The early church spent time together eating and drinking. They called these “agape feasts” or “love feasts,” and it was a time for community and making sure the needs of the people were met. Now, I don’t want to sound sacrilegious, but something similar happens in this bar each week as well. There’s just something special that can happen when people share food and drink together. People learn to laugh and love. They find common ground and share life stories. They relax and think. They have fun, and when the night is over, the shared experience is a memory to look back on that helps lay a foundation for friendship and relationship that will continue to build into the future.

I believe that something spiritual and real happens when Christians share communion. I don’t want to minimize what God does when His people come together in remembrance of Christ. But in a way, the parallels reveal my point: humans are a lot alike, whether they realize it or not—whether we like it or not. We are wired in a way that drives us, and we will meet those needs in one way or another. So whether we fulfill the need for relationship and community in a bar, in a church, or in some other venue, our hearts will cry for it because it is a part of us. We were created in the image of a God who, from day one, has pursued us relentlessly, giving grace and His Son so that He could reestablish a real and whole relationship with His people. He wants us to know Him, and thus, we long to be known. We spend our lives aching for someone to love us and know the deepest intimate parts of us, and in the end, we hurt those closest to us because we want them to do what only God can do.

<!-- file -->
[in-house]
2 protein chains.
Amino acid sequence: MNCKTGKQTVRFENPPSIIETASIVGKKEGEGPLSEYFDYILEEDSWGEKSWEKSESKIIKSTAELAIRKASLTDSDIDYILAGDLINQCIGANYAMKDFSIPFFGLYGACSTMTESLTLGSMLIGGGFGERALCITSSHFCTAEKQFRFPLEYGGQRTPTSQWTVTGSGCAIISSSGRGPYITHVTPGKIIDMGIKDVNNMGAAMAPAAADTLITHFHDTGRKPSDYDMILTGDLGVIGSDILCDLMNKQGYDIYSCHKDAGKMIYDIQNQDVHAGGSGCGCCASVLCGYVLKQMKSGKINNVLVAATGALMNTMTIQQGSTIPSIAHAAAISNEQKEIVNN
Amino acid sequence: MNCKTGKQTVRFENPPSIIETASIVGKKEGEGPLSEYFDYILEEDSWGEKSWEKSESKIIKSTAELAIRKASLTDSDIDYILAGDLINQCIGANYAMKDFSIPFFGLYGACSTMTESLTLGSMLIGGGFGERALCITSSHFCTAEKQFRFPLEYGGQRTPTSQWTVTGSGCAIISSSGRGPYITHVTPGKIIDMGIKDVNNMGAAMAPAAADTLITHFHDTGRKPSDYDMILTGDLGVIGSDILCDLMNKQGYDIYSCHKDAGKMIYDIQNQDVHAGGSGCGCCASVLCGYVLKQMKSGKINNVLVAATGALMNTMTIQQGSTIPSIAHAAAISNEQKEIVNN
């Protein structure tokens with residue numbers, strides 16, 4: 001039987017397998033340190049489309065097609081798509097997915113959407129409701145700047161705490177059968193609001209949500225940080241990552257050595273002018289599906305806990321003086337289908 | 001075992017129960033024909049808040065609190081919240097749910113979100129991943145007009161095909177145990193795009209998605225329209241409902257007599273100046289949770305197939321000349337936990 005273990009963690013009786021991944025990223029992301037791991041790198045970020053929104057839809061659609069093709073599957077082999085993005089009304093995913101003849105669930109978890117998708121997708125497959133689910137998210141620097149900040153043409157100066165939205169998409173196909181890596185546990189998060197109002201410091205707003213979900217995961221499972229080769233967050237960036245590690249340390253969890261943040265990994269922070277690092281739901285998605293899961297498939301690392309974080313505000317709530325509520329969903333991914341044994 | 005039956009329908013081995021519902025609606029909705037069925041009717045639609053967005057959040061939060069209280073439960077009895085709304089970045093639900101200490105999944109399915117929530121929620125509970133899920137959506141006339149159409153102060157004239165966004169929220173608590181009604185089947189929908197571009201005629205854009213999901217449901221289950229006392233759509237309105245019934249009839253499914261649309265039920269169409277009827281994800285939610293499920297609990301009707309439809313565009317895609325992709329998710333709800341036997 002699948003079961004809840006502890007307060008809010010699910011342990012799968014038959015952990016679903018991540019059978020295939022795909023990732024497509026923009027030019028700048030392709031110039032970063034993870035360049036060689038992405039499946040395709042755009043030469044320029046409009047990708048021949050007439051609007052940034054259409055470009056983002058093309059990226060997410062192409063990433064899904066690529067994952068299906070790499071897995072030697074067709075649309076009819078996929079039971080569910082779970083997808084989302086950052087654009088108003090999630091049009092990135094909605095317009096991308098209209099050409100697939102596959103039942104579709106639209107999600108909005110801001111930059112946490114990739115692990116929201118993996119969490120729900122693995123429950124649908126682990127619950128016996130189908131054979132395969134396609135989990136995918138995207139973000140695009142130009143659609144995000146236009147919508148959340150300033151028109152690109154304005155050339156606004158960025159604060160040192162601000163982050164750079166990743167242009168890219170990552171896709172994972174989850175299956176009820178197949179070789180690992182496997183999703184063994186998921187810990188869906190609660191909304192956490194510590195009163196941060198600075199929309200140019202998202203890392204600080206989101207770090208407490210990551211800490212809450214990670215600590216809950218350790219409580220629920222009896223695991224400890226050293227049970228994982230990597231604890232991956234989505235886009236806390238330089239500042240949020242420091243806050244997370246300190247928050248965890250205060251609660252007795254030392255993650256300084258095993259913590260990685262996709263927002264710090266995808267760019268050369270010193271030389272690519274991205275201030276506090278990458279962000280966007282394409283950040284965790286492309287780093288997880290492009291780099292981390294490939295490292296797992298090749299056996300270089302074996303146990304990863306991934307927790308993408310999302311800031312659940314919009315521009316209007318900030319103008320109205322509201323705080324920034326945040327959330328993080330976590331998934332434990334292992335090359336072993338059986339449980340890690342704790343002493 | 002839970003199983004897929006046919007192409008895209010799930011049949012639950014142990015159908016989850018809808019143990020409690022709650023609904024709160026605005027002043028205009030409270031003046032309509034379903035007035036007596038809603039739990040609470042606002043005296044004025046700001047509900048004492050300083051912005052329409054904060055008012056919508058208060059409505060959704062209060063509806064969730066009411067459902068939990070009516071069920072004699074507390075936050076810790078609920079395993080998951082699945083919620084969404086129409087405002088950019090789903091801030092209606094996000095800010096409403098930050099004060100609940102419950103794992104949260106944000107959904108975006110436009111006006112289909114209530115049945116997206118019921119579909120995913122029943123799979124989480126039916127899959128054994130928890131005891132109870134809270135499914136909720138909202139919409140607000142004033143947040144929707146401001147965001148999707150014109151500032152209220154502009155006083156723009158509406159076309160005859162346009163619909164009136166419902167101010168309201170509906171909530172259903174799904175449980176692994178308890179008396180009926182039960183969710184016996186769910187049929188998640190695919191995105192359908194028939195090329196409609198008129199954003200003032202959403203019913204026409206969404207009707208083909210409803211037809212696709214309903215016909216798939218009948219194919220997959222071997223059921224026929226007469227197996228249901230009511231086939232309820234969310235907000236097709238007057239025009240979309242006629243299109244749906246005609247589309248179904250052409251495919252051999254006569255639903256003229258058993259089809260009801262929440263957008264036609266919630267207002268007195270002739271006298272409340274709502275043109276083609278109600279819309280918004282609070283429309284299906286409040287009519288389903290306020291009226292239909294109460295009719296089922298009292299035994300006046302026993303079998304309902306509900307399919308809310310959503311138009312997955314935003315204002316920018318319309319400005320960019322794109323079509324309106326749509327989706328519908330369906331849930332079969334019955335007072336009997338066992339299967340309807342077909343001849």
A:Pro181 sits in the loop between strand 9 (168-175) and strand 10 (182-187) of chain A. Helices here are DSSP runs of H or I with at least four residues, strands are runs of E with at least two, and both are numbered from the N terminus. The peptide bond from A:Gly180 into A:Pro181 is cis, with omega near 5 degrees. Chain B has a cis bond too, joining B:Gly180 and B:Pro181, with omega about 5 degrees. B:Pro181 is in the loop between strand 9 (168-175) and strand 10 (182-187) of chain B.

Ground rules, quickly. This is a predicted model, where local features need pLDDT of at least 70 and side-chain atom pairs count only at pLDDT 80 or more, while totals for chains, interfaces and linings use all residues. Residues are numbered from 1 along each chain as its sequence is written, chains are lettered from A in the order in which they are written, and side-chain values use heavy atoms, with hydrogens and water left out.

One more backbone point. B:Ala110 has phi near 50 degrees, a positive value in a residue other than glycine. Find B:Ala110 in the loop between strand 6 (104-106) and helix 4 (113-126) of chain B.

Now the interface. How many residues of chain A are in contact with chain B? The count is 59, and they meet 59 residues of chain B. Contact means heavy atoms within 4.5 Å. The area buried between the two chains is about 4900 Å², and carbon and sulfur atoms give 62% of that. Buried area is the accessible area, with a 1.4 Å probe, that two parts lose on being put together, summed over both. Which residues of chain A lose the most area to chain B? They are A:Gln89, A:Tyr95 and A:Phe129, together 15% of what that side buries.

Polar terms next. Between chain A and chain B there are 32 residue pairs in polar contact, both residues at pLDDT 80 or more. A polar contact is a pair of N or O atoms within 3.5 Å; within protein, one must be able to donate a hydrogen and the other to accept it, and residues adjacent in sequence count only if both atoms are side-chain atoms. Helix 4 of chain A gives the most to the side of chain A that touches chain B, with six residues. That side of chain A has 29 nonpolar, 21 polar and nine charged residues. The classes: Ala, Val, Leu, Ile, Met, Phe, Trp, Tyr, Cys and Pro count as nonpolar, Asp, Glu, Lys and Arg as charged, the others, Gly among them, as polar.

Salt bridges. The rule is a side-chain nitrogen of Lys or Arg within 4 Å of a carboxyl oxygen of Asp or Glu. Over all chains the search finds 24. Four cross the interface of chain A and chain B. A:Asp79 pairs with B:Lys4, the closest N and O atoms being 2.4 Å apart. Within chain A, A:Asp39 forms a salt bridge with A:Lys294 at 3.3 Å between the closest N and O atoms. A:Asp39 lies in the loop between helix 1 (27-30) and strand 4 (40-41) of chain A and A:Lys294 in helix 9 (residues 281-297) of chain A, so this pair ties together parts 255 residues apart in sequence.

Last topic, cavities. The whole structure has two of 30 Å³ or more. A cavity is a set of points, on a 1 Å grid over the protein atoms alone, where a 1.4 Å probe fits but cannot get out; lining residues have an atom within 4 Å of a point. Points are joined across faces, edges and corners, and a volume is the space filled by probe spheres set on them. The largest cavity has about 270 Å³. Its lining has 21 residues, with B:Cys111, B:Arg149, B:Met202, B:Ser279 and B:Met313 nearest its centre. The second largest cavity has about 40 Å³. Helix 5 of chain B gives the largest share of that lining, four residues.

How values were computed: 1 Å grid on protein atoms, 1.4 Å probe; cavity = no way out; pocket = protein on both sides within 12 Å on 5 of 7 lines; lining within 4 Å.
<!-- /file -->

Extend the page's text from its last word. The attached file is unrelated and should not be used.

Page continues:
Maybe that’s why Jesus hung out with people the religious saw as sinners. Maybe He recognized that they would pursue the fulfillment of that need, and He wanted to be there to redirect them to a community and a God that was healing and redeeming and ultimately transforming. Maybe that’s the call on our lives as well. Maybe that’s the heart of the Great Commission. Maybe it's the fulfillment of the Great Commandment.